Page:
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“It’s not as if we’ll support the government on everything or fight them on everything. There’s a new style of politics emerging in this Dáil – one that forces you to look for consensus. It rewards people who are willing to work with people.

It strengthens the parliament because you’re not going to get mad plans like decentralisation or massive giveaways, because there’s a check on everything.

Whatever Ryan’s opinion of the current Dáil, its makeup has meant that speculation on when, not if, an early election will be called has been rampant since it first met. Does that mean Ryan is ready to go whenever Leo Varadkar takes trip to Áras an Uachtaráin.

“If anyone says they’re not on an election footing, they’re lying.

“I think most people are of the opinion there will be an election next year, but I’m not sure when. I’m also not sure it’s necessary.”

Coalition of the willing

90410101_90410101 Counting in the 2016 general election. Source: RollingNews.ie

With the chance of an election of within 15 months, Ryan knows that a case will need to be made to the public. Five years in the wilderness was a heavy penance, but has the party been absolved?

“A bit of humility on our part would be no harm.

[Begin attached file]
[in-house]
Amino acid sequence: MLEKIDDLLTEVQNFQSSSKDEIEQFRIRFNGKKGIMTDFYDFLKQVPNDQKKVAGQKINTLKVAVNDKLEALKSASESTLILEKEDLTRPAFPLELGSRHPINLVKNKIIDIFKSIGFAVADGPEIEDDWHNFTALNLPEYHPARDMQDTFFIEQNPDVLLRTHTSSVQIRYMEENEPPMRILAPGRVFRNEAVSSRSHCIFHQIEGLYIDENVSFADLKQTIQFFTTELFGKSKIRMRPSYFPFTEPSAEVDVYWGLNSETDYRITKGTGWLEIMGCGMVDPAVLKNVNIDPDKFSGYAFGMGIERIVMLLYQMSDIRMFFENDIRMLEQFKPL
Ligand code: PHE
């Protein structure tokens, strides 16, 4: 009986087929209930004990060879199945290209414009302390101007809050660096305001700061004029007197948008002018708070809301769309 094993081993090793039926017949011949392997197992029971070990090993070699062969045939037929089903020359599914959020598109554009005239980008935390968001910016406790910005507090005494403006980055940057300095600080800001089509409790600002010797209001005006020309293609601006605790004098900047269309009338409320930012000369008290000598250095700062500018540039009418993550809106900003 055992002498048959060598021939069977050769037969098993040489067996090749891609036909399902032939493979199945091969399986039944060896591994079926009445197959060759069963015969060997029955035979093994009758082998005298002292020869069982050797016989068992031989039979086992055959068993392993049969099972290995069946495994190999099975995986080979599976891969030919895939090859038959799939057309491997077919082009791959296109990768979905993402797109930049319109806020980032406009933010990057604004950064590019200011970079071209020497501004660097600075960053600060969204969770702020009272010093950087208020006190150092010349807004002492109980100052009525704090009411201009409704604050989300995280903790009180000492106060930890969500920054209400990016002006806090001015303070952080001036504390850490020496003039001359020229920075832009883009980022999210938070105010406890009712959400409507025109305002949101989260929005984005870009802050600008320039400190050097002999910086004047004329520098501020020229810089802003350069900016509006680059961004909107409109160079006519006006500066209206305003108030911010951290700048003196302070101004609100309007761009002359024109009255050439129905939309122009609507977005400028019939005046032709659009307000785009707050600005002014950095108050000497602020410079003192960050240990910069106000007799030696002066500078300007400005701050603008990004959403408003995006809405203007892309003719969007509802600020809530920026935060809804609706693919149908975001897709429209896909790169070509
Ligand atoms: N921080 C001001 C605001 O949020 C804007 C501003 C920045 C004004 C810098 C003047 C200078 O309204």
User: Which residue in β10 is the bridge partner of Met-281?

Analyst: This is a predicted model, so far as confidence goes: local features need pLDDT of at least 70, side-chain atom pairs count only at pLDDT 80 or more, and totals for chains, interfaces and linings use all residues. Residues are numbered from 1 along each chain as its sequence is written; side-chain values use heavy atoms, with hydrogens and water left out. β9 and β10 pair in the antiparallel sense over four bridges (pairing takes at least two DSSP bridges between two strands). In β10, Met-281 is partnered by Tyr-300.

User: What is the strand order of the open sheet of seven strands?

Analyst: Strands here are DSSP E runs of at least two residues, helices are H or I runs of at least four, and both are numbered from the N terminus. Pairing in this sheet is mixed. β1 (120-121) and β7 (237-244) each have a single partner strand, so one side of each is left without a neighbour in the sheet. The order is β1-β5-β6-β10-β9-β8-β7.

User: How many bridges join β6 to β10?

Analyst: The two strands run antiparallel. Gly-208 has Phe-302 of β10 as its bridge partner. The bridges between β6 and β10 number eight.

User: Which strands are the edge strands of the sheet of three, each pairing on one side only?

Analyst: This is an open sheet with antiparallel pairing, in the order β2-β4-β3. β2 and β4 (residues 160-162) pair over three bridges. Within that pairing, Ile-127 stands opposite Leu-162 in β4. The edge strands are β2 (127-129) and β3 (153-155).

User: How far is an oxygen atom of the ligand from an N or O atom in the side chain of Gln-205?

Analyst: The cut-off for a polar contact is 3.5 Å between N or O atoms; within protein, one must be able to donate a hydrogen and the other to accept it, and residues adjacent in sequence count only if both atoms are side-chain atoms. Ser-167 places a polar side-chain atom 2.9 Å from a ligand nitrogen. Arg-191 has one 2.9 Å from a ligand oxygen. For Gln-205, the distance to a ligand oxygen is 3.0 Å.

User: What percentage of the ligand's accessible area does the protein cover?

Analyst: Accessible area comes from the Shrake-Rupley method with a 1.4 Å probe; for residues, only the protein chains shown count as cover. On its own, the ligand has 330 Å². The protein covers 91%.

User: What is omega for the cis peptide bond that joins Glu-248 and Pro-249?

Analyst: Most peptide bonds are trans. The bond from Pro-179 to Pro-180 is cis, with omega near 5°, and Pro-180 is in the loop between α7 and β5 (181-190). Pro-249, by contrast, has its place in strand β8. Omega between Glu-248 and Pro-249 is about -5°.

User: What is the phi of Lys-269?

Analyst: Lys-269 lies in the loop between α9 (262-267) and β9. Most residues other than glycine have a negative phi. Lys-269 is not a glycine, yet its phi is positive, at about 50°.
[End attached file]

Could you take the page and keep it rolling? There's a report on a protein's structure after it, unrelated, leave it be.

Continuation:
“For too long the Green movement was kind of superior, we know best, we know everything. I think our period of government taught us a bit of humility. We learned stop telling people what to do and ask them to help you get there.

But I prefer where we are now to where we were then. Out canvassing, we have a great relationship with our constituents.

“Our goal now is to get it across that this is the green industrial revolution and it makes sense for Ireland to be involved in that.”

And if an election goes the Greens’ way next year, is anything off the table? No, says Ryan.

“I think you pick a half a dozen things and go back to a potential coalition partner and say ‘this is what we think’.

“If you can agree a Programme for Government, you do and if you can’t, you can’t.

“But for us, I think it would be part of a bigger coalition.”